Toshiba Satellite powers off instantly without warning, I'm paralyzed so that's bad because I cannot push the button myself.

canexicans

Prominent
Jan 26, 2018
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It usually happens after starting a 2nd or 3rd application. The surest bets to cause it involve videos or Java, maybe Flash but not confined to. It doesn't "Shutdown" or go through any process. It's just instant off which means no log. (I like Who Crashed Me but it can't help me this time)

As you can imagine, when no one is around, the chance of me pressing the tiny power button is zero. There was an earlier period of time when something similar kept occurring. It got to a point where I stopped turning this same Toshiba off because it instead would into Sleep mode or perhaps into a Quickstart mode from either of which it would not come out of. At first, I'd let it sit until the battery ran out because once truly Off the power button worked when someone pushed it. I discovered that an alternate workaround was getting someone to hold the button in for 40 - 60 seconds eventually turned the computer off too. Again, once truly Off it then could be turned back On. This seemed to improve on its own but since then I never turn it off.

I don't think the two problems are directly related but I felt it worthwhile to mention. Actually, I think the problem stems from some new bad sectors on the C: drive. I've run several disk scan and disk check programs but none are able to complete, all hang. One utility estimates the remaining life expectancy of the drive as < 1 year.

My system is as listed below:

TOSHIBA Satellite Radius P55W-B


  • Windows 10 Home (x64) 10 Home (x64)
    2.40 gigahertz Intel Core i5-4210U
    Bus Clock: 100 megahertz
    UEFI: INSYDE Corp. 1.60 12/23/2014
    External USB D: Seagate BUP Slim BK SCSI Disk Device (1000.20 GB)
    Internal C: TOSHIBA MQ01ABD075 [Hard drive] (750.16 GB)
    8114 Megabytes Usable Installed Memory
    Intel(R) HD Graphics Family [Display adapter]
    Generic PnP Monitor (15.7"vis)
    Conexant SmartAudio HD
    ↑ Intel(R) Dual Band Wireless-AC 7260
Phwew, that's the background of the situation. Now, what to do about it? My plan is to save an image, a clone, a full backup(?) of C: onto D: (a 1TB Seagate USB External drive) with the intent being to end up with 2 identical drives both bootable and both containing functioning Windows 10 and all my programs installed. I believe this is perfectly legal because it's just my system backup.

Once I'm sure my backup worked I'd format the C: then.....

OK, this is where I start panicking and realizing that I have no clue what I'm doing. And, this is just the planning stage. Imagine what a mess I'll be when my real drive and data is on the line?

Can someone maybe give me instructions on what I really should be doing? Am I close? Would starting with a new, clean Windows install be wiser than formatting C: or do both? Am I simply copying bad sectors back and forth? I have programs, Zip files and media files scattered all over C: and several programs would be hard if not impossible to find online and reinstall. I don't know what to do and am going in circles.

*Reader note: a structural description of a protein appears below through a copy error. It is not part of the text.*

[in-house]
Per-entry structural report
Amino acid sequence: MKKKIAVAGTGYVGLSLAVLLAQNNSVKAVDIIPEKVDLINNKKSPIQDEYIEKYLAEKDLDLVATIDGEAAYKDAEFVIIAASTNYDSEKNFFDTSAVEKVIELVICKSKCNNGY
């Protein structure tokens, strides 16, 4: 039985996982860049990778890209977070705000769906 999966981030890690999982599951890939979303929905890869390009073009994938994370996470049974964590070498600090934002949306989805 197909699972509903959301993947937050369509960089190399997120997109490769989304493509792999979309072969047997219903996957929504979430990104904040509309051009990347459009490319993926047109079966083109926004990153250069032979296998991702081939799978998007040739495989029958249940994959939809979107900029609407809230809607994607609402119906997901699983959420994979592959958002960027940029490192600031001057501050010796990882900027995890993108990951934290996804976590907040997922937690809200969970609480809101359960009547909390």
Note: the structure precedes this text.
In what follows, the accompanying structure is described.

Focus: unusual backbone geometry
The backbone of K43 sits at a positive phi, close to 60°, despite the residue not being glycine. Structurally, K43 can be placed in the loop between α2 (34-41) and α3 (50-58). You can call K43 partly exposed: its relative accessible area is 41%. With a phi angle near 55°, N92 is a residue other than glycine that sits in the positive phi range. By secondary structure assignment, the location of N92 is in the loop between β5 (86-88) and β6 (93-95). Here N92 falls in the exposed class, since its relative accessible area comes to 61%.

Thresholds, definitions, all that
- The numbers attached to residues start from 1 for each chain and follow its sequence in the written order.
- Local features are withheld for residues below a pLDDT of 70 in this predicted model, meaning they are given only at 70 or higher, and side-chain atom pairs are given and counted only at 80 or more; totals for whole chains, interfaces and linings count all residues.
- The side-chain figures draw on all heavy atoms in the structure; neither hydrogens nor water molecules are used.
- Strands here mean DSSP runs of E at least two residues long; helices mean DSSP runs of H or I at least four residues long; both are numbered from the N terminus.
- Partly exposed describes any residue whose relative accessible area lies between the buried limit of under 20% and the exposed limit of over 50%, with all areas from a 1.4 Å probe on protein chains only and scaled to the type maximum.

Please Help. One word of warning, if I may. I type very slowly so my replies might be a bit slow. For example, this took 2 days to type.
 

USAFRet

Splendid
Moderator
1. A clone or Image on an external is generally not bootable. Nor do you really want 2 x actual identical bootable things in the same PC.
Later, we can go into better options.

2. If your current install is not working correctly, a clone or image will be equally messed up.

3. You need to discover why the Toshiba does what it is doing.
Is it the OS? Is it the laptop hardware? A failing battery, maybe?
 

canexicans

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Jan 26, 2018
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Rats, I had to retype this. I've done many things like booting with no external devices, Updated drivers, Gone back to a Restore Point (although that was the computer's doing when it couldn't recover one time after one of its unplanned shutdowns.) That's when I thought I needed to try something like a clean Windows but thought, "I can't do that knowing there are unmarked bad clusters on C:" I also figured that since I can't get anything to complete a drive scan thus marking them as "bad" I'll need to format C: first and to do that I need to backup C: to my blank external USB drive. I get totally lost now. My internal drive has a Recovery partition (normal enough) and it also has other little partitions which, I guess I can ignore. I'd only reformat the C: partition. I tried easeUS' System Clone but got an FBR GPT error. That's as far as I've got. Now I'm not sure what I'm doing but it feels like I'm making things more difficult than it really is. Am I right with this approach? I may just be copying the problem to the backup.
 
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